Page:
It may have been said many times before, but it’s worth repeating – the Henry’s Fork is one-of-a-kind. The phrase “one-of-a-kind” gets used a lot, but the Henry’s Fork truly meets the definition. It’s a place unlike any other. If you were lucky enough to travel the world, you would be hard-pressed to find another fishery of this quality, with this scenery, with this community of people, that fishes year-round, and has nearly 50 access sites from top to bottom. Why do we come back year-after-year? Why does the Henry’s Fork Foundation do what we do? Because the Henry’s Fork is one-of-a-kind, and something that special is worth protecting.
How can we protect what we love?
In the face of changing climate, drought, warmer spring time temperatures, and changes in water availability, our fishing experience is changing, both here and across the West. When we look back at the Henry’s Fork history, the river had some golden years from the 1970s-1980s, with record-setting water supply not seen before and so far, not seen since. We may be at Mother Nature’s mercy when it comes to how much snow or rain falls, and unless she blesses us with another couple decades of above-average water supply, we may not be able to recreate the past. However, that doesn’t mean we don’t still have an absolute gem of a river – worth protecting and ensuring it’s as healthy as it can possibly be. That’s what we do. That’s what we strive for each and every day.
Concerns over declines in insect populations in various locations across the globe continue, and rightfully so. Although the Henry’s Fork still boasts astonishing aquatic insect numbers and noteworthy hatches along quite a bit of its 100+ river miles, it does not minimize the severity of the issue, nor its potential to reach the Henry’s Fork in the future. It also does not minimize the changes anglers have observed in timing, location, and size of insects on the Ranch.
Data collected in 2023 showed substantial improvement in almost all measures of the invertebrate community at Last Chance and Osborne Bridge relative to 2021 and 2022. Percent mayflies, stoneflies and caddisflies at Last Chance was over 70%, the highest we have seen there since data collection began in 2015. These improvements come in a year when anglers reported less than ideal hatches, illustrating that strong insect population metrics do not necessarily translate to good hatches, or hatches occurring at expected times of the day.
The section of river from Island Park Dam to Riverside, including the Harriman State Park (“Ranch”) reach, experiences much more year-to-year variability in insect populations than the rest of the river. This variability is tied to Island Park Reservoir flows and management, which gratefully, we’ve had a good deal of success impacting in recent years. The Henry’s Fork Aquatic Insect Monitoring program (AIM for Healthy Rivers) is heading into its 10th year, with annual samples and analysis conducted throughout the watershed, including at Last Chance and Osborne Bridge. This analysis, coupled with the extensive water temperature monitoring conducted in the Ranch last summer, will allow us to continue to dig into why anglers are observing changes in their favorite hatches, just as scientists across the globe continue to try to determine what is causing these insect declines. We may be fortunate here on the Henry’s Fork compared to most, but that doesn’t mean we can’t be on the leading edge of understanding, and addressing, these issues.
We will continue our annual monitoring, which is producing one of the most comprehensive and scientifically rigorous long-term invertebrate datasets on any trout stream anywhere in the western U.S. Over the past year, we have worked with aquatic entomologist Brett Marshall from River Continuum Concepts to develop a statistically rigorous analysis to identify the most important environmental predictors of macroinvertebrate community structure in the Island Park to Pinehaven reach. Nothing of this nature and magnitude has ever been done on the Henry’s Fork, and it is likely that nothing like this has been done on any trout stream in the West. For a full, detailed explanation of how this works, view Dr. Van Kirk’s report (pg 35).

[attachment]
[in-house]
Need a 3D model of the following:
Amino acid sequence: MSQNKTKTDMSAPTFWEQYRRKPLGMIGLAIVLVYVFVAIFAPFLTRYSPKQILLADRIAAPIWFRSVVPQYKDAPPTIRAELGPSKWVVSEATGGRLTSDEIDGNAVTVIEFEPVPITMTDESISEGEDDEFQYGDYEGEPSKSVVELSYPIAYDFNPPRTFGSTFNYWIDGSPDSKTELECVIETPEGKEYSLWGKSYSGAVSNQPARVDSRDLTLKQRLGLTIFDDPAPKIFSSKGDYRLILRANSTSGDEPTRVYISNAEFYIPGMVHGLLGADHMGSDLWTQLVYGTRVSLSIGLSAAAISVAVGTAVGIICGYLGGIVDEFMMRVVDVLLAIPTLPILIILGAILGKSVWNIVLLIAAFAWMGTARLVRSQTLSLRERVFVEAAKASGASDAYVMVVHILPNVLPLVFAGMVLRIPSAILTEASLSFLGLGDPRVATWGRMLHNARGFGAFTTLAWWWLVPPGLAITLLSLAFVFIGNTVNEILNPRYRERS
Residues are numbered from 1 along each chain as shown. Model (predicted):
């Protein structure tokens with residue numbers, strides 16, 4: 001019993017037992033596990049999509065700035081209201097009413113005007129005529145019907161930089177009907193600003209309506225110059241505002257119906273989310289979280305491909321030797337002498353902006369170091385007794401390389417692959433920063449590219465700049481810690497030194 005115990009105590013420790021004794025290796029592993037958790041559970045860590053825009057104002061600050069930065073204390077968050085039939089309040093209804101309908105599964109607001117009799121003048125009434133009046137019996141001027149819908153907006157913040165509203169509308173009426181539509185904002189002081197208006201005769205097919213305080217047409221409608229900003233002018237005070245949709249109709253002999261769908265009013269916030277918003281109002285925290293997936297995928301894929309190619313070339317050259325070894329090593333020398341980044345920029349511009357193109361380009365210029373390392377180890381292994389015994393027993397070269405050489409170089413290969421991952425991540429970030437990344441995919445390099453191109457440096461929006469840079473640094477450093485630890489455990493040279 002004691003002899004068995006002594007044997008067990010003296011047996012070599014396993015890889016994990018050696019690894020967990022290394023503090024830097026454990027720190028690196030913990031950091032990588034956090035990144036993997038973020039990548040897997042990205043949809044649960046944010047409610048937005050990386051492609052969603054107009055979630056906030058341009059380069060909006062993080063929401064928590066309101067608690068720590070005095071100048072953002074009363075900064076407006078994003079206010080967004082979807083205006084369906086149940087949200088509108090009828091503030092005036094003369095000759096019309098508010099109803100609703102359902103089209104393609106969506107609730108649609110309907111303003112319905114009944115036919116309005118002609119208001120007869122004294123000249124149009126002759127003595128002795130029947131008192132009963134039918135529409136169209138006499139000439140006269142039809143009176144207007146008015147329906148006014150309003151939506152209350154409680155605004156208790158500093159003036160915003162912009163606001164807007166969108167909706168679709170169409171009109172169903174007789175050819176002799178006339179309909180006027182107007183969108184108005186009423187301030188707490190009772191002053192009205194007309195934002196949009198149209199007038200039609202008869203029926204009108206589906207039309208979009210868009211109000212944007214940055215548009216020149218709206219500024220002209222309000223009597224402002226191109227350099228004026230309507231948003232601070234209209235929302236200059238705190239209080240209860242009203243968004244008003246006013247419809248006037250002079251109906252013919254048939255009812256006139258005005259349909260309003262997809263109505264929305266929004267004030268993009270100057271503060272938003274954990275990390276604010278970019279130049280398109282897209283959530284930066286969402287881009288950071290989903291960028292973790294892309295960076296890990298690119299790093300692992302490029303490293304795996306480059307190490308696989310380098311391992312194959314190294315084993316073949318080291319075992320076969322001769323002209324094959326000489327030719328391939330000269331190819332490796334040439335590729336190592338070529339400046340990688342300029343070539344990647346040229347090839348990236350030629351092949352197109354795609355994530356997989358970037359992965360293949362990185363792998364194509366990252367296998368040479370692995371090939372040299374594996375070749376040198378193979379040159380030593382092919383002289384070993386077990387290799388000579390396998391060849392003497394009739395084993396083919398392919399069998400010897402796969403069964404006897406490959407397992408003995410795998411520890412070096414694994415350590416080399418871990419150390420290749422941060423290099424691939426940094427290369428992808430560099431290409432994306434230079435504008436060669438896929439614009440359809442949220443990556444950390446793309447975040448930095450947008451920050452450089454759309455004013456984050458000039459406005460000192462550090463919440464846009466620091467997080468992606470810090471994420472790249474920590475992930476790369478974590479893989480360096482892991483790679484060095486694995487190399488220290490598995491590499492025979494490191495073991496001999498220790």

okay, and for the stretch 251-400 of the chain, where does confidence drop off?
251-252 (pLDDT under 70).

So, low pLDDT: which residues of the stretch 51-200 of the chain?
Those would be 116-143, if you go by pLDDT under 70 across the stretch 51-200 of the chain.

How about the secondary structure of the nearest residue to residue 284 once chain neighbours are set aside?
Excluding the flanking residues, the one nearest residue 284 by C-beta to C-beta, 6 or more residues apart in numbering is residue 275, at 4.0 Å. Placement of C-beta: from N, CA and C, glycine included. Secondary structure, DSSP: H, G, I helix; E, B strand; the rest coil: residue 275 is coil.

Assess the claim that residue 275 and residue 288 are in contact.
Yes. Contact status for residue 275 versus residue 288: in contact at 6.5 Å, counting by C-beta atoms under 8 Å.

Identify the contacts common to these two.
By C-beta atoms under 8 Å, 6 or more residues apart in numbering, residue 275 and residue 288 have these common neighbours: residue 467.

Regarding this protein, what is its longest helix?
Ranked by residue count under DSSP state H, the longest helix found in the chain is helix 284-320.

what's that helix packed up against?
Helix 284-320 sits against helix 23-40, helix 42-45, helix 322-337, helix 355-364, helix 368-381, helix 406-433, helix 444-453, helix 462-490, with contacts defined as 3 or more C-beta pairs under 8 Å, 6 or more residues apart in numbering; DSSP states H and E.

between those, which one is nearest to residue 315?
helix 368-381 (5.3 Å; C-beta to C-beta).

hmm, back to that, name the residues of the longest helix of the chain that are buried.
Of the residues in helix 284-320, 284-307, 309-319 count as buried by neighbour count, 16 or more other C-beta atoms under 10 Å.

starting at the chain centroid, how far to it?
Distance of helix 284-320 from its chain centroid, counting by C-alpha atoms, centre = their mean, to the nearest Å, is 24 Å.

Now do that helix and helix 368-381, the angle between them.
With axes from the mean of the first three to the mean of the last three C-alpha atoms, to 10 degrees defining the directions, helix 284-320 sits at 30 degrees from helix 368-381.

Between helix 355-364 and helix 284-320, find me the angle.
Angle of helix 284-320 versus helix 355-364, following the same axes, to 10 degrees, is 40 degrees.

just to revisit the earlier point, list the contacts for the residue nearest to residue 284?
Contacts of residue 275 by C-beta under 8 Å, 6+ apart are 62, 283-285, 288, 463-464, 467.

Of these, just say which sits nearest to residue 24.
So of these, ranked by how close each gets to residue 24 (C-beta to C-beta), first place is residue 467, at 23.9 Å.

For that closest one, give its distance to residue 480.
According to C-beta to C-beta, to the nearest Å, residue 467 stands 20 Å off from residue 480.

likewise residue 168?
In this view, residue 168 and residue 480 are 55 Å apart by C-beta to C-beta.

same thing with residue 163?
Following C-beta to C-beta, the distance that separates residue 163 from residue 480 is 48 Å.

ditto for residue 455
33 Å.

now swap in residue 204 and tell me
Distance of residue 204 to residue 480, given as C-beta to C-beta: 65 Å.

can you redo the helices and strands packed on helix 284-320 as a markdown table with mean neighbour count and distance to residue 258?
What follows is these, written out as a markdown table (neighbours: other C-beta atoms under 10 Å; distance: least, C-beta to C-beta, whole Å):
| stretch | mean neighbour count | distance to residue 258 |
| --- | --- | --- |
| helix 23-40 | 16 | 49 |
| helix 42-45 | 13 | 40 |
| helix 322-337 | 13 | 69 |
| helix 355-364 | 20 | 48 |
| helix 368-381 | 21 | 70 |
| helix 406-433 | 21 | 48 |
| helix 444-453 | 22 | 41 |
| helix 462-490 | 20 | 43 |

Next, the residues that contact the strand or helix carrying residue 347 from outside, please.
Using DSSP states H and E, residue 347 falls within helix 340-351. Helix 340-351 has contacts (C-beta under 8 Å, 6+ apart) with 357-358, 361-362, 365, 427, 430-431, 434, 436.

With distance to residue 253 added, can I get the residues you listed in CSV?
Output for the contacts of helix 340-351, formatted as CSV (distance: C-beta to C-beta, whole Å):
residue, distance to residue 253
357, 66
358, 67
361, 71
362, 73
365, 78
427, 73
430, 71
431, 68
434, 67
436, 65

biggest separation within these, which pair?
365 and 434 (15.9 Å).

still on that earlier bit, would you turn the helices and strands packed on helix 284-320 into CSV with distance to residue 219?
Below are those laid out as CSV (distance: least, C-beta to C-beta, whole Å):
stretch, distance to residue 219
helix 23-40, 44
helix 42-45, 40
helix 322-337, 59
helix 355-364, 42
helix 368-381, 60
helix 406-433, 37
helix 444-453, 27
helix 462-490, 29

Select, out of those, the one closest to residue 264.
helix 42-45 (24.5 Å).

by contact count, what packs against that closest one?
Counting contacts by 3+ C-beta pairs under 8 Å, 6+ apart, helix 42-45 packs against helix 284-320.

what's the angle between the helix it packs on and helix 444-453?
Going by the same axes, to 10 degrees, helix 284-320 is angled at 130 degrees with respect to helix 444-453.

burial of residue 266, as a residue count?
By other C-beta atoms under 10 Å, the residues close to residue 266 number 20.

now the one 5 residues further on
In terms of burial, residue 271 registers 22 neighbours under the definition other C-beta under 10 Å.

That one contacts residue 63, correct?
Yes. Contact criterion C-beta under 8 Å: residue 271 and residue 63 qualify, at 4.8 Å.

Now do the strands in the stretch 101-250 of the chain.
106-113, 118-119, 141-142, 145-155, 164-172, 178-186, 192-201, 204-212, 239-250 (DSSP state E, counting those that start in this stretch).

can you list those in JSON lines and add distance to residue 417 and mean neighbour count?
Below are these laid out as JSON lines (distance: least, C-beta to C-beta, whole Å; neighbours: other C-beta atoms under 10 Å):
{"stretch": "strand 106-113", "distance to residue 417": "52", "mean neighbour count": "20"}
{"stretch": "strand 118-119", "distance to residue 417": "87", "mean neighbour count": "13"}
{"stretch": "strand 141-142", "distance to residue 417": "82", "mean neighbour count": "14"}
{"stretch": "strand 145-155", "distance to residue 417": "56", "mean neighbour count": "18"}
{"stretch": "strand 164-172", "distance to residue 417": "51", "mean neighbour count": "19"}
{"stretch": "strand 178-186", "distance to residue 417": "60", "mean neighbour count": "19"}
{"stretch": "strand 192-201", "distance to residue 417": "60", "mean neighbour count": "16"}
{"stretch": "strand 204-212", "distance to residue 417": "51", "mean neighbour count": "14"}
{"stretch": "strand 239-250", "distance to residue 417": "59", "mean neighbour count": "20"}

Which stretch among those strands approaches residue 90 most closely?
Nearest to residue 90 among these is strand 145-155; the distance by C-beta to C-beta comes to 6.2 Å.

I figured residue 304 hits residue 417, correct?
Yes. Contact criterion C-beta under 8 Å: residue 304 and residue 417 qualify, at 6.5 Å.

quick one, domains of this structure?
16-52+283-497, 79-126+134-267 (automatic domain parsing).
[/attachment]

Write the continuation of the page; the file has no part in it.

The goal of this analysis is to help explain why and how the current insect community is different than it was four decades ago, and what can be done to minimize the future effects of increasing temperatures and decreasing water supply. Finally, we are currently writing a plan—and a $1 million WaterSMART grant application—called DIRTT: Developing Infrastructure to Reduce Turbidity and Temperature, to investigate and ultimately implement large-scale projects to help offset the negative effects of increased temperatures and decreased water supply on aquatic ecosystem function between Island Park Dam and Pinehaven. Given that our collaborative water conservation actions have already reduced reservoir draft by ~26,000 ac-ft/year, thereby reducing outflow temperature, turbidity, and sediment load, we believe that infrastructure changes to the reservoir and dam, as well as site-specific management actions such as aquifer recharge in Island Park, can provide even more resiliency to climate variability in the future.
Full technical report on Henry’s Fork aquatic insect populations (pg 30-35).
Sediment and Turbidity from Island Park Reservoir
Although turbidity remained low throughout the summer of 2023, and water quality metrics like water temperatures were among the best they’ve been in years, looking into factors that affect water quality and strategies to improve it, remains of critical importance. We’ve learned a lot about Island Park Reservoir in recent years. HFF’s Aquatic Ecology Program Manager, Dr. Jack McLaren studied multiple aspects of the reservoir for both his Masters and PhD research. Data indicates that sediment exiting Island Park Reservoir into the Henry’s Fork are not from tributaries. Sediment—which is made up of both inorganic bottom sediments as well as dead algae—is instead being moved from the shallow west end through density currents caused by cold-front weather events. The west end of the reservoir sits in a valley made of sediment, eroded off the Centennial Mountains over geologic time and then flooded upon the creation of the reservoir.